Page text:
Low-income adults less likely to receive preventive heart disease care

Photo of Andi Shahu, M.D., M.H.S.

American Heart Association Meeting Report – Presentations 385 and 23 (presented in two sessions)

Low-income adults in the United States were significantly less likely to be screened for cardiovascular disease (CVD) or receive counseling for CVD risk factors, according to research presented today at the American Heart Association’s Quality of Care & Outcomes Research Scientific Sessions 2020. The virtual conference, to be held May 15-16, is a premier global exchange of the latest advances in quality of care and outcomes research in cardiovascular disease and stroke for researchers, health care professionals and policymakers.

Heart-health screenings, including routine blood pressure and cholesterol checks, and counseling to improve diet, increase exercise or smoking cessation are important for lowering the risk for CVD. For decades, studies have confirmed markers of socioeconomic status such as income are associated with cardiovascular disease; however, the association between income level and the utilization of CVD preventive services is not well understood.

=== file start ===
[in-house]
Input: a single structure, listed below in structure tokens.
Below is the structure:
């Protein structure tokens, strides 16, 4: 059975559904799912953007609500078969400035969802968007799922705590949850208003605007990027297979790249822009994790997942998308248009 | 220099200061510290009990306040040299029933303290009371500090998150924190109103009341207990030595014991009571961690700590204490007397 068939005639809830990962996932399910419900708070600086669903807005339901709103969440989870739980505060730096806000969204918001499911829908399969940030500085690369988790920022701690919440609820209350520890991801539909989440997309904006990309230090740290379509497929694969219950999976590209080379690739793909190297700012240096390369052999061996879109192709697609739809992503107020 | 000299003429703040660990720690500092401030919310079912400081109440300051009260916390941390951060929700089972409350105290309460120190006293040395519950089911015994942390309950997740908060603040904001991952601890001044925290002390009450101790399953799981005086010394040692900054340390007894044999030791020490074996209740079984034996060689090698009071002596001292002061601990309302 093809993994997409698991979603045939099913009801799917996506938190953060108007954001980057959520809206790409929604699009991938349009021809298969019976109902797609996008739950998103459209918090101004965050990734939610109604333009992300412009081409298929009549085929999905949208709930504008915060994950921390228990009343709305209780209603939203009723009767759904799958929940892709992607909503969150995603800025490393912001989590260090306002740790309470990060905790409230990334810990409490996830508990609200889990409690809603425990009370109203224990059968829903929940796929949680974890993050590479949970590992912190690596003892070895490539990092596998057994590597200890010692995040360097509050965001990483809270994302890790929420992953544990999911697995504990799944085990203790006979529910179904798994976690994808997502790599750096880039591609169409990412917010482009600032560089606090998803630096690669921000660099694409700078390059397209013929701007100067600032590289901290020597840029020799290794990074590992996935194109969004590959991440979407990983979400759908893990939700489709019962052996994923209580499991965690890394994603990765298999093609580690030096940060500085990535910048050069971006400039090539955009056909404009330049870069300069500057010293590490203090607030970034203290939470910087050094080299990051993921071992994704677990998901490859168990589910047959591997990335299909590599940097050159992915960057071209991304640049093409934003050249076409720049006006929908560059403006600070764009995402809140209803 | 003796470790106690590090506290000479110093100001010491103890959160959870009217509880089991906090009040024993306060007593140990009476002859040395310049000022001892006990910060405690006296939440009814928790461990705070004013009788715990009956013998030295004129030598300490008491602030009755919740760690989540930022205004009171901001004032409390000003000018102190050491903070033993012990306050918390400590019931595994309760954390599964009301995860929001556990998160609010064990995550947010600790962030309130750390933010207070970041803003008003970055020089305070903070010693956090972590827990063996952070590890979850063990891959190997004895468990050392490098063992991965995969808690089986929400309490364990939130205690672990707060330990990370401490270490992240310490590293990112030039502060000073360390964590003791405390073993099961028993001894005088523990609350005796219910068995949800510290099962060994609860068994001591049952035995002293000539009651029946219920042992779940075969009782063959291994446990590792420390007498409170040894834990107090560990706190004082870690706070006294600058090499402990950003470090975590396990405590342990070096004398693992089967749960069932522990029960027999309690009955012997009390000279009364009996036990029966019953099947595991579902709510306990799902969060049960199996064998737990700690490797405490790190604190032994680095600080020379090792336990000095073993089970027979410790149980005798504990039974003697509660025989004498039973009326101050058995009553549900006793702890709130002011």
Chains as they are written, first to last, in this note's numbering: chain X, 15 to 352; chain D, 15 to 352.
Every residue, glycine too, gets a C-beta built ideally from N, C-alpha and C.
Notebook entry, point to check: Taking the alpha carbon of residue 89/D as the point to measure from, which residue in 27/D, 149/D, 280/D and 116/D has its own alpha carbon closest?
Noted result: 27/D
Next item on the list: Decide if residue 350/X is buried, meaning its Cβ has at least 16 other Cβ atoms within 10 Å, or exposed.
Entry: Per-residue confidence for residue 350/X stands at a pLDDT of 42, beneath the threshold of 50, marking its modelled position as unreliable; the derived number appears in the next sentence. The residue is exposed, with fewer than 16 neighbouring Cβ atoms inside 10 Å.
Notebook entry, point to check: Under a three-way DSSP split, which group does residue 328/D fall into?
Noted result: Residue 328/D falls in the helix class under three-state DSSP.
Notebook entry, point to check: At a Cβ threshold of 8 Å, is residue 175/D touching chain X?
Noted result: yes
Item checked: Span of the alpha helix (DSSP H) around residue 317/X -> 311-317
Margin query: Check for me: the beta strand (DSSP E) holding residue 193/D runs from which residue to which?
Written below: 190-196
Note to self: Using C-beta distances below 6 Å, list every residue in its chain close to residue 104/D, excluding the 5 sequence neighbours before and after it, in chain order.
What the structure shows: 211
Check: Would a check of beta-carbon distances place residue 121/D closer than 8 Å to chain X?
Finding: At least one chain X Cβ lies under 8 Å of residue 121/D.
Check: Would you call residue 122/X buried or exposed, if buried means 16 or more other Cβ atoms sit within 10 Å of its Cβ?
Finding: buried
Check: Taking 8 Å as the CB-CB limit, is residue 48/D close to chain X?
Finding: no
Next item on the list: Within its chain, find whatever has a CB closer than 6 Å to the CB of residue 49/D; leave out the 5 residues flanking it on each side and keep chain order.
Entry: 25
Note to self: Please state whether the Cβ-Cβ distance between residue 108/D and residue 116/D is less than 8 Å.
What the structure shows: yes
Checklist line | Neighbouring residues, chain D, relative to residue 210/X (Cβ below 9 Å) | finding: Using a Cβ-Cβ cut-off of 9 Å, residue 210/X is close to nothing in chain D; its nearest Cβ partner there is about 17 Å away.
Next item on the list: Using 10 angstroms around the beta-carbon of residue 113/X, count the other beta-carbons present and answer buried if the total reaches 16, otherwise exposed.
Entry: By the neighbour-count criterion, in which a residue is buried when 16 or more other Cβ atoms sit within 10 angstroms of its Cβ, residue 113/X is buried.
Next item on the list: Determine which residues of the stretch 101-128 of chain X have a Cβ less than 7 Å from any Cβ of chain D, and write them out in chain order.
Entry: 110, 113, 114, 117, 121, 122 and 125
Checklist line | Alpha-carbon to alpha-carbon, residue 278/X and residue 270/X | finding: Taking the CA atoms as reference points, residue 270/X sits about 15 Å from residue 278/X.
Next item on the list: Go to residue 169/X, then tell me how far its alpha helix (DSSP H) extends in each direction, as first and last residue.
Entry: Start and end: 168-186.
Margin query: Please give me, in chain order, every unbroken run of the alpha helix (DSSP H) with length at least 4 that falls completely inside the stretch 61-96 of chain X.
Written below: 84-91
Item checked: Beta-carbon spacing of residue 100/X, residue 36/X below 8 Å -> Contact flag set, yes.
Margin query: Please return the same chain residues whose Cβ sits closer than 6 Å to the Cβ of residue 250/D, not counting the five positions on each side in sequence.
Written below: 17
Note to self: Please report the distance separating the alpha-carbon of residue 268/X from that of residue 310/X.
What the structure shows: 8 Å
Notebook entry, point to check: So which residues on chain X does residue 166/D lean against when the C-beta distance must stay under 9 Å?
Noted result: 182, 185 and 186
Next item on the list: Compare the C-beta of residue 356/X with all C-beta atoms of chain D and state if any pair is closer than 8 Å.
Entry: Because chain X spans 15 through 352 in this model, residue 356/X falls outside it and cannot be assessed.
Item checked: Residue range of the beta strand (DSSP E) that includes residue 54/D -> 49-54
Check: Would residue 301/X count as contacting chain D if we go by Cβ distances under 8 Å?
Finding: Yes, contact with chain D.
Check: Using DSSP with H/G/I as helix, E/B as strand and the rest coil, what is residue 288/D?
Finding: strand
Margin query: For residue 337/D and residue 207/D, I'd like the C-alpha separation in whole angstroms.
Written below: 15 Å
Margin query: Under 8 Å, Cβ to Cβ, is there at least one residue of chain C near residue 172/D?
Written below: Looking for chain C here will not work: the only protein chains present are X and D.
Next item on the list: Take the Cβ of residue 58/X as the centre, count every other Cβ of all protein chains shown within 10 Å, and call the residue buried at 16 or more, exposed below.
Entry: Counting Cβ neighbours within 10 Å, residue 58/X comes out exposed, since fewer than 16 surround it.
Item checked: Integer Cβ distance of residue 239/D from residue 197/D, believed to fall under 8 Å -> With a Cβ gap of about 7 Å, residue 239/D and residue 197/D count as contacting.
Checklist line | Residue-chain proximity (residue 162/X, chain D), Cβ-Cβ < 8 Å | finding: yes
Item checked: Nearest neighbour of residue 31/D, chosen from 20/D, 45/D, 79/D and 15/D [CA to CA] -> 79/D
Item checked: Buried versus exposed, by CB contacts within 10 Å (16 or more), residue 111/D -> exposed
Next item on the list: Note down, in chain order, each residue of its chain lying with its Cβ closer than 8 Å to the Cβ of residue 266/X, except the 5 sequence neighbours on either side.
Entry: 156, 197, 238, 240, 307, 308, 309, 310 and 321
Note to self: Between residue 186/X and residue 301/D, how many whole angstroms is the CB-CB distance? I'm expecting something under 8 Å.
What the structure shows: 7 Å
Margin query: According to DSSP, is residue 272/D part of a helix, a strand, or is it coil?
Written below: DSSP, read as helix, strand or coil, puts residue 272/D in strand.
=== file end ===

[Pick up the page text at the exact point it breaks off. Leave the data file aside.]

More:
“With the goal of encouraging clinicians and health care providers to be aware of health disparities, we set out to determine how patients at different income levels utilize services to prevent cardiovascular disease,” said lead study author Andi Shahu, M.D., M.H.S., an internal medicine resident physician at The Johns Hopkins Hospital in Baltimore.

Using patient data from the nationally representative Medical Expenditure Panel Survey (2006-2015), researchers included 32,862 adults with diagnosed CVD and 185,081 adults with no CVD diagnosis. Of the total, 36% of individuals were in the “high income” category (400% or more of the federal poverty level [FPL]); 29% were in the “middle income” category (200%-400% of the FPL); 16% were in the “low income” category (125%-200% of FPL); and 19% were in the “poor/very low income” category (<125% of FPL).

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